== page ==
Casa Gilardi, Mexico City

Mexico, Photography, Travel

Casa Gilardi is the last private home designed by renowned Mexican architect Luis Barragán in Mexico City. The house was built between 1975-1978 and is still owned by the original family who commissioned Barragán to build it. During our trip to Mexico City in March we visited this special house.


To visit Casa Gilardi you must make a reservation by email or phone. I emailed about 2 months in advance to make an appointment to visit. This is a privately owned home and the owners still live there. They are incredibly gracious to allow visitors into their home to see this important work by one of Mexico’s most important architects. Information on how to visit the home can be found on the website here. Prior to our visit I researched online to see what the visit would be like but I had trouble finding anything other than photos of the house. So this little photo tour will also include plenty of useful information.

Admission to Casa Gilardi is $300 MXN per person (cash only), plus an additional $500 MXN is you want to take photos. Only cell phone photos are allowed. The admission fee may seem steep, especially compared to other entrance fees for museums are the city. However, this is not a museum, this is someone’s private home. The money supports the family who open up their home to the public and helps to keep the house in good shape. Many of the private homes that Barragán designed have fallen into disrepair so the fact that this one is open to the public and is in such good shape is amazing. I felt the admission fee was well worth it an I really enjoyed our visit.

Punctuality is important and it’s good to be a bit early for your time slot. We booked for 10am and arrived fairly early so we walked around the neighbourhood and returned to the entrance 5 minutes early. The whole process is a little confusing since unlike a museum there are no signs. Basically you just wait until the owner’s son comes to the door to let everyone in. There were about 15 other people visiting the house at the same time as us and I was a little concerned at first that it would be hard to get the photos I wanted. However, after a brief talk from the owner’s son who goes over the rules and goes a little interesting background on the house and Luis Barragán, you’re free to explore the house at your own pace (certain rooms are off limits since the family lives there). The owner’s son is also an architect so he provided some really nice perspective and history of the house that really helped me appreciate it more when exploring.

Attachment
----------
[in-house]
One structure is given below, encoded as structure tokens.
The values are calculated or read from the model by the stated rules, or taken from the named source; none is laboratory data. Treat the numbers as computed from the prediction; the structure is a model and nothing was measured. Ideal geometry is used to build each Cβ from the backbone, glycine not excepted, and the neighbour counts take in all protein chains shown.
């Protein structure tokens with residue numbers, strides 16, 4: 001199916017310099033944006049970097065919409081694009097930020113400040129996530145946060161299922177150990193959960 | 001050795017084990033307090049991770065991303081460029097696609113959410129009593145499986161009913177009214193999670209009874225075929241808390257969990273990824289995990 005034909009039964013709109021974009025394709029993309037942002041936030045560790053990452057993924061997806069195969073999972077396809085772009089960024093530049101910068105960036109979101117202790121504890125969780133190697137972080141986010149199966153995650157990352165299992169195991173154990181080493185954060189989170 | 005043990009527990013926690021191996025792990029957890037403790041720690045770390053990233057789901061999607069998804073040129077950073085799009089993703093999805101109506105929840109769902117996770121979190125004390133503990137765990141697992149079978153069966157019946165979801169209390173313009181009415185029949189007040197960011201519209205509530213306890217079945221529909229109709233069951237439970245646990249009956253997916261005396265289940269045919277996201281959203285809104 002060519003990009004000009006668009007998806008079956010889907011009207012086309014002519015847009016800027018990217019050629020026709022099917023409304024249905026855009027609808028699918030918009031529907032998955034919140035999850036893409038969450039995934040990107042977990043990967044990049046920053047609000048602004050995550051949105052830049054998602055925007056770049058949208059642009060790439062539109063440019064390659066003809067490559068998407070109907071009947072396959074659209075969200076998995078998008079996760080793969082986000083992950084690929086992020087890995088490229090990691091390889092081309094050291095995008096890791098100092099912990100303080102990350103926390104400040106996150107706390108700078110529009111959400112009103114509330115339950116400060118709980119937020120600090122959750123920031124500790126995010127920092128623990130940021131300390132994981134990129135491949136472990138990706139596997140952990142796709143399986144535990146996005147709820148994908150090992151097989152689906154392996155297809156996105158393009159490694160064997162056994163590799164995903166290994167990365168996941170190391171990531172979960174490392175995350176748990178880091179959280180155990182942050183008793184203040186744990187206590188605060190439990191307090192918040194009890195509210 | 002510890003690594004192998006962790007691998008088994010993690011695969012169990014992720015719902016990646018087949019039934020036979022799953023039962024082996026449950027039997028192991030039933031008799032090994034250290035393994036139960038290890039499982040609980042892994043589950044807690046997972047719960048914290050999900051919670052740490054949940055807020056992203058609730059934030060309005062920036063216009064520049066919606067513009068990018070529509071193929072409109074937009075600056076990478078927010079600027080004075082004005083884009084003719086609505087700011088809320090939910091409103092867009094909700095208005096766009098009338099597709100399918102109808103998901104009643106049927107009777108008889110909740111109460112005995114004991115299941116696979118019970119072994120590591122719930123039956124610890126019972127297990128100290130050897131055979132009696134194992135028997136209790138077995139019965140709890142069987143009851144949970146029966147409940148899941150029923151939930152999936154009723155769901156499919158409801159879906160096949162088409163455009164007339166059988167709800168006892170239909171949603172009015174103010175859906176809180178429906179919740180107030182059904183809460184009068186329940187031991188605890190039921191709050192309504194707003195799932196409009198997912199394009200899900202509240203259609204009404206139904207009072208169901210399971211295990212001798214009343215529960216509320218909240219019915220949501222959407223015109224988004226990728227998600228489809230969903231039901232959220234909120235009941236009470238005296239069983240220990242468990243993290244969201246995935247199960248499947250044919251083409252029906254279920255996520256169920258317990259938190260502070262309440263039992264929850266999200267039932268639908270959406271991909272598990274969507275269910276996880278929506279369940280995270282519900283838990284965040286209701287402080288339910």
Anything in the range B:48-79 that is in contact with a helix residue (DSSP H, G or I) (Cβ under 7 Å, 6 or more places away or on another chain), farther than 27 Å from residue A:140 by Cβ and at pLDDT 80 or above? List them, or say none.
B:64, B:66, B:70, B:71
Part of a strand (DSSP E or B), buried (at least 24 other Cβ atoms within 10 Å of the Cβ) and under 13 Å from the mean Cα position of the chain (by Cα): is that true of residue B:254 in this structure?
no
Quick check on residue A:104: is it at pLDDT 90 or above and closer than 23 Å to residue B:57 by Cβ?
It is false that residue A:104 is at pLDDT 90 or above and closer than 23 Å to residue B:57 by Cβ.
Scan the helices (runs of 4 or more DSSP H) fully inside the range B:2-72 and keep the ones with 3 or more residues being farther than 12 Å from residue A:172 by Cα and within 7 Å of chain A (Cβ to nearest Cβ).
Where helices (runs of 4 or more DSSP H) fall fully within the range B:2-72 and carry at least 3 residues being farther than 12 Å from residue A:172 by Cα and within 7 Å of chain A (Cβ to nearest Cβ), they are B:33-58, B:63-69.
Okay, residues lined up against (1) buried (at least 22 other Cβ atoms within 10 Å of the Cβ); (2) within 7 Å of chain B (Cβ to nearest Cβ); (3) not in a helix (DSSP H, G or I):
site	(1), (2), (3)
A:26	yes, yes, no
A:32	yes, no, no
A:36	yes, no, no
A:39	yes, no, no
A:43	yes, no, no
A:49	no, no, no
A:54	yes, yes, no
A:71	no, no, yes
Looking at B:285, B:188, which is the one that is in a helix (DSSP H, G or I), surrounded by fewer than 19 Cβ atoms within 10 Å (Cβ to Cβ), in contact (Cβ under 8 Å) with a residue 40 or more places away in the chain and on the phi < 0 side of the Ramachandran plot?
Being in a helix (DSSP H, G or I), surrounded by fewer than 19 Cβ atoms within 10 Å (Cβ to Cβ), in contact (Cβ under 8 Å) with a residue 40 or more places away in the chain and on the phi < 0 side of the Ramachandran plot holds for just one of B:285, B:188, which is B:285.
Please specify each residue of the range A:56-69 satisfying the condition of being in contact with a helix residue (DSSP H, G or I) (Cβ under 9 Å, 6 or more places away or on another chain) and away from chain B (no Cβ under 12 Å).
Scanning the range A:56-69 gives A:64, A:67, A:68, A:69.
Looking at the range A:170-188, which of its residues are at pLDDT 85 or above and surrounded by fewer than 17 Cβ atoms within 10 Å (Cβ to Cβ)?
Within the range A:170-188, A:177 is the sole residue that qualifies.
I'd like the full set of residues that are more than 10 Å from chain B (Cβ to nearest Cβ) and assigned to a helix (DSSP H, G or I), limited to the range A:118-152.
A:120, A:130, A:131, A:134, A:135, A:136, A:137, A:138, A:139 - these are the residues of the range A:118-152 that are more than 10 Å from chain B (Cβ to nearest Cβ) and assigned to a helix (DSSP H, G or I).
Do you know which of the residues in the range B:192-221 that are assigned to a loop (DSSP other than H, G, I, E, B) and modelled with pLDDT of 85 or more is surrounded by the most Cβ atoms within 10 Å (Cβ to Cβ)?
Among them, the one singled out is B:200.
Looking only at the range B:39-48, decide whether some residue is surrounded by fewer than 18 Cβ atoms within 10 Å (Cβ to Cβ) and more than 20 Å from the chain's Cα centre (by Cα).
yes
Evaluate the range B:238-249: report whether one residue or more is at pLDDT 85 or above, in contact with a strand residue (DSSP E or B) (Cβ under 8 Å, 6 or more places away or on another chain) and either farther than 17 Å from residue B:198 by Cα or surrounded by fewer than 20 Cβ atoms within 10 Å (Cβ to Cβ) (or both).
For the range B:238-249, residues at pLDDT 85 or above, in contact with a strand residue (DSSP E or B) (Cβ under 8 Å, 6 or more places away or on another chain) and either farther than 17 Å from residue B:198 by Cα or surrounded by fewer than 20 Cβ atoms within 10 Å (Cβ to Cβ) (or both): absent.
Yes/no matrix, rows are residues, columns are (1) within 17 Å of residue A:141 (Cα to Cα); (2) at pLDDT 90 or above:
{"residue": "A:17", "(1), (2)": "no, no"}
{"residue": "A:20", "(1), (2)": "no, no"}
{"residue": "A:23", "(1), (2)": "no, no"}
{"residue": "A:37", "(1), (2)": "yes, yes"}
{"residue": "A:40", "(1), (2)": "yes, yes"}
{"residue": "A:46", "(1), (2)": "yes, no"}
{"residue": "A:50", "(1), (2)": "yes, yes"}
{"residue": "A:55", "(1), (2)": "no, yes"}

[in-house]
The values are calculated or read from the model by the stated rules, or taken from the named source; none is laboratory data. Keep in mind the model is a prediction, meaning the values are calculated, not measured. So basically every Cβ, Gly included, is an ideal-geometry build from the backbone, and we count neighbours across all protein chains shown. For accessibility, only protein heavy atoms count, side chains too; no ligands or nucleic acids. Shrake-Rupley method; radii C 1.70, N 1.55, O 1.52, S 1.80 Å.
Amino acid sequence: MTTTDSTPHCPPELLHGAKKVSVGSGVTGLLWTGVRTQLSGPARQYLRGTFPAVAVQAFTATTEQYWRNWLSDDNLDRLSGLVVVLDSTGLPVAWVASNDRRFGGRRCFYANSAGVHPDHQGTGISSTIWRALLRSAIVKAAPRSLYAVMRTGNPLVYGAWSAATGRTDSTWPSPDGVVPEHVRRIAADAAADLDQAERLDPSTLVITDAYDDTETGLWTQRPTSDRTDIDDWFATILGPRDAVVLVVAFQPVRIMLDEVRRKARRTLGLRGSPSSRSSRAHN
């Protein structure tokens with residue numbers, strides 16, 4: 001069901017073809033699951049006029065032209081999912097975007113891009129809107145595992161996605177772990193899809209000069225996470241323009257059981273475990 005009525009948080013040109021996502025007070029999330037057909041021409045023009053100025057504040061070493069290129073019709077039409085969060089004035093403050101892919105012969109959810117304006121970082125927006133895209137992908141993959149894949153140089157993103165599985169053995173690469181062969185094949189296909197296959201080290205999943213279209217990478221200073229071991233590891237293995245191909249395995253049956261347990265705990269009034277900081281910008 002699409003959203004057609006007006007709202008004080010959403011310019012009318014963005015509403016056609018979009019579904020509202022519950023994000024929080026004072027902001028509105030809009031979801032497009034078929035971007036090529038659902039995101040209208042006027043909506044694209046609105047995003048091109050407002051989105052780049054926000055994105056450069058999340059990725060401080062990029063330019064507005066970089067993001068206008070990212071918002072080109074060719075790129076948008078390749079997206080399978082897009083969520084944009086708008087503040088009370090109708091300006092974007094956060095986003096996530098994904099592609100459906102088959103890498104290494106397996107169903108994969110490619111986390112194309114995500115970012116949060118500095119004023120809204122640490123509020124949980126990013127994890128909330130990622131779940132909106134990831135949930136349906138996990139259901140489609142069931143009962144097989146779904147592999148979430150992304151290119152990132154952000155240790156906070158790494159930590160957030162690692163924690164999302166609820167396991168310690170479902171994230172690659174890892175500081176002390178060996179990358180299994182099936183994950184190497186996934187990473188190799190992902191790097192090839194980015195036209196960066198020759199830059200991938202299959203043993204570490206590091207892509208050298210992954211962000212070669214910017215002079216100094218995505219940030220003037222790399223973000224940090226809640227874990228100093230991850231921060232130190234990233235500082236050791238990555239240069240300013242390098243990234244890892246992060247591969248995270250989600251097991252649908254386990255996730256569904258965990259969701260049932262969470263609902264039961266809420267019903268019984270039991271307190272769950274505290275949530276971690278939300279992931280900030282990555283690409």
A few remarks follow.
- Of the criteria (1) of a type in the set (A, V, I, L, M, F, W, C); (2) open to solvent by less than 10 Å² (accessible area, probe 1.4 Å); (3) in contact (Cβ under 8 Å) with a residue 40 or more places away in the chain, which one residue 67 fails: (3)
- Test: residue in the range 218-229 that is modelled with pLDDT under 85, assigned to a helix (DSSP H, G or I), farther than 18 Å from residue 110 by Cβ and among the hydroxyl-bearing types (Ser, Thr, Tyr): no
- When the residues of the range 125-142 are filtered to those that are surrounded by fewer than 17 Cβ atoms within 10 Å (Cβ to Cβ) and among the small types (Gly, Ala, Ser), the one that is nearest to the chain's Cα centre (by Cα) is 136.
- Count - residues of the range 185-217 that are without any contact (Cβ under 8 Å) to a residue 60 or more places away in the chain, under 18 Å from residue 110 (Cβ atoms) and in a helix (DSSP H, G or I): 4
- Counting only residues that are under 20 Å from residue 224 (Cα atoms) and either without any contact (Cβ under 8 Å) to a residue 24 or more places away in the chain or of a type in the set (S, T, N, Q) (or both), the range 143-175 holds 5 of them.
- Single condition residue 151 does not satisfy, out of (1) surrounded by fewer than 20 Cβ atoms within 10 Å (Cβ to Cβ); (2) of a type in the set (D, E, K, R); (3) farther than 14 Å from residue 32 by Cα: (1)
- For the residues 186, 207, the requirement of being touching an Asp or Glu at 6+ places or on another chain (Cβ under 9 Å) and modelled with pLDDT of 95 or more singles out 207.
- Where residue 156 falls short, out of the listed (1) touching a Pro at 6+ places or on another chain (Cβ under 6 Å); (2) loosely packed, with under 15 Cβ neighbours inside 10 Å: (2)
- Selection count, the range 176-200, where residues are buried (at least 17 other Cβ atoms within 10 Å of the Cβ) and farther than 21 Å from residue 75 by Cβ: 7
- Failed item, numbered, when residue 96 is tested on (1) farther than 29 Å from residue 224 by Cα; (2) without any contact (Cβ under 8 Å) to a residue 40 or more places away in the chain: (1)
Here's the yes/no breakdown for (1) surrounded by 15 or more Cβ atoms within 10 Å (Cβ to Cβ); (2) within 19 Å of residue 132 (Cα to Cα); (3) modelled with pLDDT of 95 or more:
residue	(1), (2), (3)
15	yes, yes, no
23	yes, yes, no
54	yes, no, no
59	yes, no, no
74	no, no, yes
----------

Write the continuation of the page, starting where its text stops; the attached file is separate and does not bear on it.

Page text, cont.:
All the visitors dispersed pretty quickly so I had no issues getting photos without people. However, talking to the owner’s son later he said that usually they have more people visiting at the same time (March is peak season for tourism in Mexico City) but due to the coronavirus pandemic there’s been a slowing in tourism so there were fewer people than usual.


I really enjoyed being able to explore the house at my own pace and return to areas a few times to get more photos. The house has so many interesting architecture details. The pool with the amazing light beam is probably the most unique feature of the house. We were lucky that we happened to visit in the morning when the light effect is perfect, so definitely try to visit at 10am if you can to see this cool light affect.

Another interesting feature of the house is the large jacaranda tree in the garden. Unfortunately it’s a late blooming one so when we visited in mid-March it was just starting to flower but wasn’t full compared to other trees in the city.

If you’re interested in modern architecture then definitely try to check out Casa Gilardi while in Mexico City. If you can’t get an appointment to visit but still want to see some of Luis Barragán’s work you can visit the Casa Luis Barragán, the architect’s own home and studio that’s not far from Casa Gilardi. There they have tours in English and Spanish, but you should book online well in advance since they sell out.

We really enjoyed our visit to Casa Gilardi and actually had a lot of fun. It was probably one of the most enjoyable and memorable experiences we had in Mexico City. We really appreciated the owner’s generosity by allowing visitors and we were sure to thank them for their time. I got the sense that not everyone who visits bothers to say thank you so if you go make sure to say a kind word.


Entrance to Casa Gilardi


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